Now, I am sure that I am not alone when I tell you that I have a hardback angling logbook. It was a kind gift for a birthday very many years ago. In fact, I have two: one utterly blank, the other with perhaps a dozen pages of script describing my early angling efforts. I am sorry to say, I know where neither is currently residing. You see, I stopped recording my fishing trips years ago. Memories are best recorded in situ, or as soon thereafter as is possible. Wait a few days and the recollections start to become fuzzy, accuracy increasingly tenuous. And motivation leaches away.
Germinating a new tech idea
Wind forward a year-and-a-half and I am sitting by another river, the waters of which are dark like those of the Thurso. I am on the North Tyne.
Between these two fishing sessions I have been spending time in Leicester; not, you will realise, much of an angling destination, rather one of the tech centres of the UK. I hunted down the finest app developers in the UK and have spent months in travelling to-and-from the Midlands, on seemingly endless Teams meetings, in a flurry of back-and-forth emails, the end result of which has been finScribe, a new logbook app for recreational anglers.
I reeled in from my final cast of the year, the culmination of a three-day trip in October. I’d spent two-and-a-half days thrashing the Tyne in increasing frustration at its reluctance to give me any evidence of the scaly denizens that I know are hidden in its blackness.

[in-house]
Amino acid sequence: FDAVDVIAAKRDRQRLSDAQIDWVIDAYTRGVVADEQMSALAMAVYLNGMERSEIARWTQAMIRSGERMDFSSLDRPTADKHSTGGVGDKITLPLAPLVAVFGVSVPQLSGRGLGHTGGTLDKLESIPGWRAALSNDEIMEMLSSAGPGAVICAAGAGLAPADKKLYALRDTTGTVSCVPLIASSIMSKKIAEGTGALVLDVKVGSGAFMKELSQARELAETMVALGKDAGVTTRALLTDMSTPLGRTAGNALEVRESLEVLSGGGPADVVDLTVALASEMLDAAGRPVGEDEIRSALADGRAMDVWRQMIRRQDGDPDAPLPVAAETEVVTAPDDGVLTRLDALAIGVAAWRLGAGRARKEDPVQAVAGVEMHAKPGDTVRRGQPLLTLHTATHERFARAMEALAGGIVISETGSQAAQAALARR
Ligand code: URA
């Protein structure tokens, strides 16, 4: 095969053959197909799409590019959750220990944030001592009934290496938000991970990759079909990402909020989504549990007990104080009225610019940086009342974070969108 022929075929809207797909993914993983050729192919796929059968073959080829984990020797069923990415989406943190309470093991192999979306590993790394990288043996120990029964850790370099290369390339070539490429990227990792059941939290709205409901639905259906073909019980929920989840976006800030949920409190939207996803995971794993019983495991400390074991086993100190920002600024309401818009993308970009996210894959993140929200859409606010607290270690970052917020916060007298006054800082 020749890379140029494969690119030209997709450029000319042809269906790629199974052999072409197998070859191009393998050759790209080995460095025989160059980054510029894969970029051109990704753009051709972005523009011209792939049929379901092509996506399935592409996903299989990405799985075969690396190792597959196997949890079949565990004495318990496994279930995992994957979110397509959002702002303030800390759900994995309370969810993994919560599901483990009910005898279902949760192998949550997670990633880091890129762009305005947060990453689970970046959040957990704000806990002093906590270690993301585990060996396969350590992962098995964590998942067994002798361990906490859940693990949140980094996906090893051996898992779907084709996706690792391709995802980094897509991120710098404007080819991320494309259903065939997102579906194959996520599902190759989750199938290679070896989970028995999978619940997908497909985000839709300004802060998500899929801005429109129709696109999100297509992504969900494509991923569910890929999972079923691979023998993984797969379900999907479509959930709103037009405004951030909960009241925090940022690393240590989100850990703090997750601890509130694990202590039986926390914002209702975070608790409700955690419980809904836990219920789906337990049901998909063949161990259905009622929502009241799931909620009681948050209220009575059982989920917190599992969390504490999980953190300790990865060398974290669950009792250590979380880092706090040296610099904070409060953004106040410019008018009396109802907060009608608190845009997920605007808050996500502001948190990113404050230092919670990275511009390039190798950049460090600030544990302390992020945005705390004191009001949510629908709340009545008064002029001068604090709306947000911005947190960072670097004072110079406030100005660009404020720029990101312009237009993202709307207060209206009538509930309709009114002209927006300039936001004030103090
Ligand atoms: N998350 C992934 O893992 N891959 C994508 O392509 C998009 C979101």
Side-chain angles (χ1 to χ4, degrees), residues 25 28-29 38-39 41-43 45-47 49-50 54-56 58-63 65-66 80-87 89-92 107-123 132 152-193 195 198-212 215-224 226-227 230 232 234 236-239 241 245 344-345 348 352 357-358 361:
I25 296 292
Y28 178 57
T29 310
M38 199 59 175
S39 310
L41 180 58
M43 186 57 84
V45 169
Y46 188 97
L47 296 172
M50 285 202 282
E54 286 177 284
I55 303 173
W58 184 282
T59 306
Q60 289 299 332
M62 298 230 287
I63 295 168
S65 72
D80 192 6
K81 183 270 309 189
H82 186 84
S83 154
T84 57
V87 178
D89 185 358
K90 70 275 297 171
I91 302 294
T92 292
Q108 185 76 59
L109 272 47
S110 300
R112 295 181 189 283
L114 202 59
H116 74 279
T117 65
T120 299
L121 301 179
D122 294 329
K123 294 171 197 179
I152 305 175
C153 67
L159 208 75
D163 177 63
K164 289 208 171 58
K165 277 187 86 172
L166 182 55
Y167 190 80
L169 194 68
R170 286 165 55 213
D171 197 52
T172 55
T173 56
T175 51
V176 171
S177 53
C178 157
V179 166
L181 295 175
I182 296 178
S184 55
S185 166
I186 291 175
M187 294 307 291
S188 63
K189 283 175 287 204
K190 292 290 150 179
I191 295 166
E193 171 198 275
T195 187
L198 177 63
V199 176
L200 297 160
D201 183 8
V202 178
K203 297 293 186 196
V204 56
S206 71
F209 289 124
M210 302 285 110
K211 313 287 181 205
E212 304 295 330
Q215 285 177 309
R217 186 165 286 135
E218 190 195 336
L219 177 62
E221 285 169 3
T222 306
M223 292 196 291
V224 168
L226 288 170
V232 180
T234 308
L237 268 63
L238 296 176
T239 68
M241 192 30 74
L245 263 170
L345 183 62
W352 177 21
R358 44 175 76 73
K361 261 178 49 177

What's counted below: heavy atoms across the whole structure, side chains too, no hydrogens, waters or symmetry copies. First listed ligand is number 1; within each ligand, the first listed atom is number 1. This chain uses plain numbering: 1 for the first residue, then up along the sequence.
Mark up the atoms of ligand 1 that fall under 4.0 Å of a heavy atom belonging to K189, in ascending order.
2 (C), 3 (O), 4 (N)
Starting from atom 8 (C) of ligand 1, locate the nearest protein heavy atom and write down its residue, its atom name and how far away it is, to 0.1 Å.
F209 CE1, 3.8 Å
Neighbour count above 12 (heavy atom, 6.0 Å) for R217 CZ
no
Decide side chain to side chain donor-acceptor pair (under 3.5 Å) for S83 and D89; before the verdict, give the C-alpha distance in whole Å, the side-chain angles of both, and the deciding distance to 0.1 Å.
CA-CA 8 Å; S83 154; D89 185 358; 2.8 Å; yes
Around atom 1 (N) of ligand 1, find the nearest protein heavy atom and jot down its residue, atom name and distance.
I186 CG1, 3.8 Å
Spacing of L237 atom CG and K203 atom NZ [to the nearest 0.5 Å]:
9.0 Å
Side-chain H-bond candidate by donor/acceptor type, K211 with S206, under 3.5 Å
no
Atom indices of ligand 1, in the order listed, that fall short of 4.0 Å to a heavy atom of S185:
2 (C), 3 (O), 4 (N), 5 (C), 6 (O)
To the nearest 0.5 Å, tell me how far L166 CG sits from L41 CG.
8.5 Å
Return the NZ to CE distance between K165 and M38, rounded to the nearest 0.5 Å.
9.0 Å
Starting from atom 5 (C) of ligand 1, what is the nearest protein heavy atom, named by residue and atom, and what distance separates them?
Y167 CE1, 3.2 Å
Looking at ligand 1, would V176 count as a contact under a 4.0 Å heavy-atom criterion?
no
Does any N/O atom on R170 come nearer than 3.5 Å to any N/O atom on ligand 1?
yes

The Tyne is among the most maddening waterways I’ve ever fished. Over the many years I have fished it, I have seen it high and unfishable and so low that the edges of the riverbed are dry. I’ve arrived to find it running at the most perfect height, only to then discover all that lovely-looking water was, in fact, a release from the mighty Kielder Water: cold and bitter and in which the fish become super-dour and un-takeable.
And this morning’s fishing had something Groundhog Day about it. Cast and step; cast and step: hours when even a pull seemed out of the question. Then, after a bite for lunch, I had to drive my host to Newcastle airport, there to drop both his wife for a return trip to Norway, and his hire car.
A triumph with the very last fly of the season
We arrived back at the river just as dusk was falling. “Well,” I thought. “That’s another season over and done with”. And I attempted to cheer myself with thoughts of some of the season’s high points as I strapped on the last of my flies that was to be given a swim that year.
It turned out to be a Red Zelda, a fly I’d never fished before. And I fixed it in place with a large single iron: an item certainly never designed for the purpose, found rattling around an old box of mixed hooks somewhere in my waders. Confident I was not.
To cut down a longer story, that Red Zelda was snaffled in short order by not one, but two salmon… and two salmon in consecutive casts, at that.
Memories that live with you forever
I sat on the bank in one of those rare moods where one feels as though everything is utterly and completely right with the world. Smug? Maybe. But not nearly as smug as I was when I found out that they were the only fish caught on the river that day.
As I sat, I loaded up both catches onto finScribe: pictures of the fish, the fly, the pool, noting the sex of each, their weight, and a few comments on their capture.
My smugness slowly abated, but I still feel an echo of it every time I open finScribe and view those two fish. They will be with me forever.
A new premium version of the finScribe app has just been launched with a host of new features including extended storage for photos of your catches. Read more about it here or download from the App Store or Google Play